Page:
The result has been staggering with many chalk downland butterflies and wildflowers responding to the new regime. This included in 2018, over 200 spikes of pyramidal orchid! Other plants include Field scabious, St johns Wort, Agrimony, Creeping cinquefoil, Wild strawberry, Bladder campion, Ox-eye daisy, and Wild marjoram. Butterfly species recorded here include common blue, brown argus, small copper, brimstone, small heath, dingy skipper and grizzled skipper, while banded demoiselles have also been recorded.
The verge in full flower summer 2019
SCC Ecologist, John Edwards, recently described the site as “fantastic”. He said “Looking at the verge, I have no doubt it would meet the favourable status we used for monitoring, it has a really good range of species. I was really not expecting that it would look so good so do pass the message on to the team”. The work would not have been possible without the support of MVDC and LMCT who have funded the works. The LMCT has provided grants of £1700 over the last five years. The Lower Mole Partnership would like to thank the Lower Mole Countryside Trust for their support in carrying out this restoration, which has allowed this wonderful project to succeed.
Common Blue butterfly(Helen Middlemas)
(Many thanks to Helen Middlemas who has regularly visited the site to photograph and record the plants and butterflies)
A grant of £495.00 has been given to the LMP for the purchase of two Tree Poppers. A revolutionary new item of equipment that enables one person to extract scrub, woody plant species, ragwort and trees, roots and all. This method of removal avoids the problem of multi-stem regrowth, and removes the need for herbicide treatment.
Young Street Verge
The LMP have been awarded £600.00 to enable the completion of scrub clearance at Young Street Road verge, including chipping the cut material. This will help maintain an area of valuable chalk grassland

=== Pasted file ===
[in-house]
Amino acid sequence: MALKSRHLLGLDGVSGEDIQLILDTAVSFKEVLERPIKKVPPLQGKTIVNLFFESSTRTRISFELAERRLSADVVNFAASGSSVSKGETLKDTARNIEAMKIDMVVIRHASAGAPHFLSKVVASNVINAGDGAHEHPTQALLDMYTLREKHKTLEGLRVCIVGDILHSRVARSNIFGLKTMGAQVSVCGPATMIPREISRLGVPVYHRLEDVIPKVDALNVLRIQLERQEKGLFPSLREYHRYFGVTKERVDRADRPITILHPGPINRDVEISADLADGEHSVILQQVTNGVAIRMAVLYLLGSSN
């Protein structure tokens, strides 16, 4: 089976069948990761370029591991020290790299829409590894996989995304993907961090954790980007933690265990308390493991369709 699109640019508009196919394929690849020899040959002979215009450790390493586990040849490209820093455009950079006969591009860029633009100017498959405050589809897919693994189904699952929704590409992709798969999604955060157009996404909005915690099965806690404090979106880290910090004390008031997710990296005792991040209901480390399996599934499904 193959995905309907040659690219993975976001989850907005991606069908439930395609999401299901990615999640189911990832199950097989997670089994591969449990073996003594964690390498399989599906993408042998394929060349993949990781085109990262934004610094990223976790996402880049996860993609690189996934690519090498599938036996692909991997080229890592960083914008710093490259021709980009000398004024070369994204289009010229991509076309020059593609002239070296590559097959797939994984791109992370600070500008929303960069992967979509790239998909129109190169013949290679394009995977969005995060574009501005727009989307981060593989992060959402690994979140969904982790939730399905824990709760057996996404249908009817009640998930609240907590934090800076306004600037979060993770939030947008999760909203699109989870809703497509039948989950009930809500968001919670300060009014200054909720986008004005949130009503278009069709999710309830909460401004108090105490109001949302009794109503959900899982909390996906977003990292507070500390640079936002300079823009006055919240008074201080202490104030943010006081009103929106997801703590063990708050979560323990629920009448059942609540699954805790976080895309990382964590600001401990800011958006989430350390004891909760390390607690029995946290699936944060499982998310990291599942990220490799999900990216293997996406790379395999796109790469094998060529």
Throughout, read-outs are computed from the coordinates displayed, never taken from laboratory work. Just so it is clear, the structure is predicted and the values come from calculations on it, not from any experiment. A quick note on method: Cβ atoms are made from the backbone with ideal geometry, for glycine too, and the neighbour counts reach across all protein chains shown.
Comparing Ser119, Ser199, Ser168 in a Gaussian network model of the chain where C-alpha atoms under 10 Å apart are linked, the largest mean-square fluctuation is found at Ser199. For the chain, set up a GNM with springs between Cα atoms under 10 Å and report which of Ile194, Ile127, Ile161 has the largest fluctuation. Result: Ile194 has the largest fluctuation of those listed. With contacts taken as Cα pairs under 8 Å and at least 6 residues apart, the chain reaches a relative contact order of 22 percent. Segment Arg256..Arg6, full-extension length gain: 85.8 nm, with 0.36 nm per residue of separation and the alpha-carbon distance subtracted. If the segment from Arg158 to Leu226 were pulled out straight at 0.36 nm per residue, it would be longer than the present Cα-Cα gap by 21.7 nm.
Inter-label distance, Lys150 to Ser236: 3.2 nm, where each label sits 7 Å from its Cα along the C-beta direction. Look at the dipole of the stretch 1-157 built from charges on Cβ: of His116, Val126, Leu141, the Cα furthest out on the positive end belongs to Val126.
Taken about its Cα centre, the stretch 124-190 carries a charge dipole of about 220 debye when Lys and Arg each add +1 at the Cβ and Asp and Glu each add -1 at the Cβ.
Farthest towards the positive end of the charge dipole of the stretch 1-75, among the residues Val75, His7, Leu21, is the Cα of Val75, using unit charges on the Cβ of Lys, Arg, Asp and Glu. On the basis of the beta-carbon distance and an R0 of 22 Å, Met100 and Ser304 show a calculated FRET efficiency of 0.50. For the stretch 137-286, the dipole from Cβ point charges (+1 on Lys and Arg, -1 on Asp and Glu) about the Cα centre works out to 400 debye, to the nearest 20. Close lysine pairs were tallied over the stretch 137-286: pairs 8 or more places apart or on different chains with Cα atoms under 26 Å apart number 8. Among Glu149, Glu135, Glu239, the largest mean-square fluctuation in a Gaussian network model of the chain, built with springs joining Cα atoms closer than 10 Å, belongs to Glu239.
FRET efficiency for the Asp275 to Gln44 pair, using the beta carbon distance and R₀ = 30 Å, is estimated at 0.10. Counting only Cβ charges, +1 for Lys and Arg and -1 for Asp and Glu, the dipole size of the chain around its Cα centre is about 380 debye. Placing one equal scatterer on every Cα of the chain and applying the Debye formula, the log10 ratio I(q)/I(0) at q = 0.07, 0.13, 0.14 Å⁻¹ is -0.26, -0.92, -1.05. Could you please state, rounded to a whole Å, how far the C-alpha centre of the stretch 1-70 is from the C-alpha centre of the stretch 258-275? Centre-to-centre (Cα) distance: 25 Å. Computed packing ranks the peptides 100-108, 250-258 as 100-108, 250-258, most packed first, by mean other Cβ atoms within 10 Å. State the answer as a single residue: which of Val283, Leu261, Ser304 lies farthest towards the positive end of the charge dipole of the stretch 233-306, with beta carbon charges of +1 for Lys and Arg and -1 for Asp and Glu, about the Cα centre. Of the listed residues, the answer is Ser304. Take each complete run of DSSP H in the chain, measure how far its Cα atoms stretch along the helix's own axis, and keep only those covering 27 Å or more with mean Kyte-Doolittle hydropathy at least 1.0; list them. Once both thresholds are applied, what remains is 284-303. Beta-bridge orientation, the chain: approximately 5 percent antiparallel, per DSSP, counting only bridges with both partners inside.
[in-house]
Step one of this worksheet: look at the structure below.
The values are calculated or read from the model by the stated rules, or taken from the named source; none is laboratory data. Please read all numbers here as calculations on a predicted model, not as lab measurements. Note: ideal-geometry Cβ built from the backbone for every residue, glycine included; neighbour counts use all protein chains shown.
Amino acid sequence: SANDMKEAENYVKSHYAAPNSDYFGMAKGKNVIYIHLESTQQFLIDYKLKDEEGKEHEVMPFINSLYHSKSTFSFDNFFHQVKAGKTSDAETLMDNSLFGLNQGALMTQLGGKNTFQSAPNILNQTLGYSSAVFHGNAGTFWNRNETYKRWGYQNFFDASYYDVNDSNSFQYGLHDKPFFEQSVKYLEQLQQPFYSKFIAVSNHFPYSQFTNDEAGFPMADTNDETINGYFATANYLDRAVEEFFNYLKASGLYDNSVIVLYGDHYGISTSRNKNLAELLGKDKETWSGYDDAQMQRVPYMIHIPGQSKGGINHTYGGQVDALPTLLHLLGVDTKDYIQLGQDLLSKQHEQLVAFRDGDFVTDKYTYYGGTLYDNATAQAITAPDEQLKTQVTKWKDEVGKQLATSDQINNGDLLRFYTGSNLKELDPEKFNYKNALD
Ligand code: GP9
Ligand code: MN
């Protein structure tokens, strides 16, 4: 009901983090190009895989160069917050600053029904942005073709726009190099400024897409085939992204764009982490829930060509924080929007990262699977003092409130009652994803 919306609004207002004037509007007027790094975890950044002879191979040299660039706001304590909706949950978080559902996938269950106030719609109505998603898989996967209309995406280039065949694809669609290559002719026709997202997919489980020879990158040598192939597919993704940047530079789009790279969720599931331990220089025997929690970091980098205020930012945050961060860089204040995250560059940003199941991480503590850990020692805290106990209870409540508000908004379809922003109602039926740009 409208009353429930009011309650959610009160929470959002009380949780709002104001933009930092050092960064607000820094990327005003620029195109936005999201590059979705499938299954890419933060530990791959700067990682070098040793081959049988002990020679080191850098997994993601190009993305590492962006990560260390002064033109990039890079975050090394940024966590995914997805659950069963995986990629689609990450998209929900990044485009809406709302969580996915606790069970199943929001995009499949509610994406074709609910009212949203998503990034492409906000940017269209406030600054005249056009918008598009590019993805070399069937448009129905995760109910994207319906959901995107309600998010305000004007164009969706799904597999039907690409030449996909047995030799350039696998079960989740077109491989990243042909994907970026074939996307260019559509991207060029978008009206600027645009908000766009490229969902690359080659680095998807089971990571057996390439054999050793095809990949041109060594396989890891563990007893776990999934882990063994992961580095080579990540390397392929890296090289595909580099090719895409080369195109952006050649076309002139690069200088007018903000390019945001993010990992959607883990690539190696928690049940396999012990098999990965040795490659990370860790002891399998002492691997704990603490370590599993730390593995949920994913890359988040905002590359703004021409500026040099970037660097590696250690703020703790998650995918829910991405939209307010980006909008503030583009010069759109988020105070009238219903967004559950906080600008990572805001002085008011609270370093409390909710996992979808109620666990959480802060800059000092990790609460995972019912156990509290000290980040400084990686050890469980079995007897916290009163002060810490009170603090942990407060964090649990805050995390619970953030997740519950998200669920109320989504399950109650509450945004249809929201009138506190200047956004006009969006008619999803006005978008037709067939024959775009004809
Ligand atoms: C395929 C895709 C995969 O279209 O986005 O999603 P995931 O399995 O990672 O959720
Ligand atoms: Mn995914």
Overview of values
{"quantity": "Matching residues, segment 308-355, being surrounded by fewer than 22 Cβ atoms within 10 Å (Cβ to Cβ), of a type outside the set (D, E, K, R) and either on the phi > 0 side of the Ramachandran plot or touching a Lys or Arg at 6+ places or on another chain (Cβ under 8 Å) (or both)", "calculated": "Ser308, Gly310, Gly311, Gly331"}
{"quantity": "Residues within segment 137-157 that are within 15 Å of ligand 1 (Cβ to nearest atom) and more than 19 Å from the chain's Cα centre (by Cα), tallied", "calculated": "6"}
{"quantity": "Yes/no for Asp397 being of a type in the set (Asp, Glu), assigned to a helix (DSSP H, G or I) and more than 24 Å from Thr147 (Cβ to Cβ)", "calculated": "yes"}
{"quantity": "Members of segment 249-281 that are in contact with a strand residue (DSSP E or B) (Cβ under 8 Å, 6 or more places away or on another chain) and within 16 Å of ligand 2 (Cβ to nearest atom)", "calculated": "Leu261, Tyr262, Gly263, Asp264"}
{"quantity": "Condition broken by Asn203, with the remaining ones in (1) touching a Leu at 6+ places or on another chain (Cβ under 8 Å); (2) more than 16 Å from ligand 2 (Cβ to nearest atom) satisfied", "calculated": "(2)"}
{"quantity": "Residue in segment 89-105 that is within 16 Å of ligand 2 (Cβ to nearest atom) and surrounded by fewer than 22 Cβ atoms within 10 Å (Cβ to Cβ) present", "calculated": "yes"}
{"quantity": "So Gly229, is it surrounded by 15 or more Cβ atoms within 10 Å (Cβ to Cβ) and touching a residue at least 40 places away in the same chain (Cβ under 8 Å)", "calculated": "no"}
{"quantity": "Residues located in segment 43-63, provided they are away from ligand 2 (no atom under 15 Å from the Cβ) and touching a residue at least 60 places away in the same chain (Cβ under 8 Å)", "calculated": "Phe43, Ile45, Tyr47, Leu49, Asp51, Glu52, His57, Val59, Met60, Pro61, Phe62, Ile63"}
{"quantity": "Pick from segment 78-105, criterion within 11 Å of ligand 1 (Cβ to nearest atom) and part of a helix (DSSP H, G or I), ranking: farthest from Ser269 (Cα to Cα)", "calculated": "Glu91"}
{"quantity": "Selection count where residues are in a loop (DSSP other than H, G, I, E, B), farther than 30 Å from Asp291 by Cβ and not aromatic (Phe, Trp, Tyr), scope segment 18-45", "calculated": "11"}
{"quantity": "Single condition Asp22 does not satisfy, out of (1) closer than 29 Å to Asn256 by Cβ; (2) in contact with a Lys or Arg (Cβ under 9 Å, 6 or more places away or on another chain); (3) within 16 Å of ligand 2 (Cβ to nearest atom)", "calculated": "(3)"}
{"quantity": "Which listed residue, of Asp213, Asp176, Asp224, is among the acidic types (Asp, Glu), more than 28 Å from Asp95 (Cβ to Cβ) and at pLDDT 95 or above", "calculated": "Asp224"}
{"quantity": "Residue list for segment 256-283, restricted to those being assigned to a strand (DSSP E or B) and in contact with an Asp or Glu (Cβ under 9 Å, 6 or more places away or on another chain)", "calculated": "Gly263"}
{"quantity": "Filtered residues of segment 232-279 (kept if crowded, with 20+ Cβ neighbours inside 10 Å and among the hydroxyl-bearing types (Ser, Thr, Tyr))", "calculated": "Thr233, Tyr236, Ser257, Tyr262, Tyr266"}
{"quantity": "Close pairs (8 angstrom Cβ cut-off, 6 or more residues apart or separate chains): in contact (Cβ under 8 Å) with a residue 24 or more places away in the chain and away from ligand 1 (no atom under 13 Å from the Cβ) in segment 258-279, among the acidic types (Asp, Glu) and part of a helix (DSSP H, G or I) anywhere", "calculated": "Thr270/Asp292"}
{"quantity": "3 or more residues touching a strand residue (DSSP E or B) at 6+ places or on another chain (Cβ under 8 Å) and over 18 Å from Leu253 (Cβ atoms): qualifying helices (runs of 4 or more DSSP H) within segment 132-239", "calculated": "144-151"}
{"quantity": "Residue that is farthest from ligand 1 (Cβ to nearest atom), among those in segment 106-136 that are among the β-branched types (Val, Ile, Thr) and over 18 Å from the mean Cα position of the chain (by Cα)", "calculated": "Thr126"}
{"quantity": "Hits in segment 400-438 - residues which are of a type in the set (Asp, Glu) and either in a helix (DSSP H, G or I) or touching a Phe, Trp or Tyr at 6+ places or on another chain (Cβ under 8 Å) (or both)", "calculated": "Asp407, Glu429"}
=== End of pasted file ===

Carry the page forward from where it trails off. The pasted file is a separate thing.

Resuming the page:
Woodcote Millennium Green
The Trust awarded a grant of £1000.00 to the Woodcote Millennium Green Trust for tree clearance and dredging of the pond to restore it to it’s previous habitat.
The Woodcote Millennium Green is the only one in Surrey, and can be found at the rear of Epsom General Hospital. In 1999 the Harwood family donated a large portion of land including the pond to be held in perpetuity by the Trustees of the Woodcote Millennium Green Trust.
The Trust has contributed £500.00 to Epsom Riding for the Disabled, towards the cost of a 300 metre hedge of native species. This will create a valuable habitat for wildlife in addition to protecting their site from the wind and improving security.
Personal Protective Equipment
The LMP have made a successful application to the Trust for £722.00 for the purchase of safety helmets, gloves, and safety goggles. This essential kit is to be used by their hardworking volunteers, to keep them protected whilst out and about in the countryside.
Small Blue Butterfly Project on the North Downs
The Trust awarded £2000.00 to Butterfly Conservation towards the overall cost of £62,700.00 for establishing a series of stepping stones to link up colonies of the Small Blue butterfly on the North Downs.
The ninth Annual General Meeting of the Lower Mole Countryside Trust was on Thursday 8th March 2012 at the New Room, Horton Country Park. The meeting was followed by an interesting talk by Stewart Cocker, on the history of the Horton Light Railway.
The are links to the agenda, minutes of the last AGM and the annual report below.
The Project volunteers spent three weeks working at Stokes Field Local Nature Reserve in summer 2011, surfacing two sections of path, totalling 200m in length funded by a grant to the Trust from Elmbridge Borough Council and donations including one from the Long Ditton Village Hall Trust.
The volunteers also constructed a pond dipping platform for school and youth groups to use. The later was funded by a grant from the Orchid Environmental Trust and the Community Foundation for Surrey.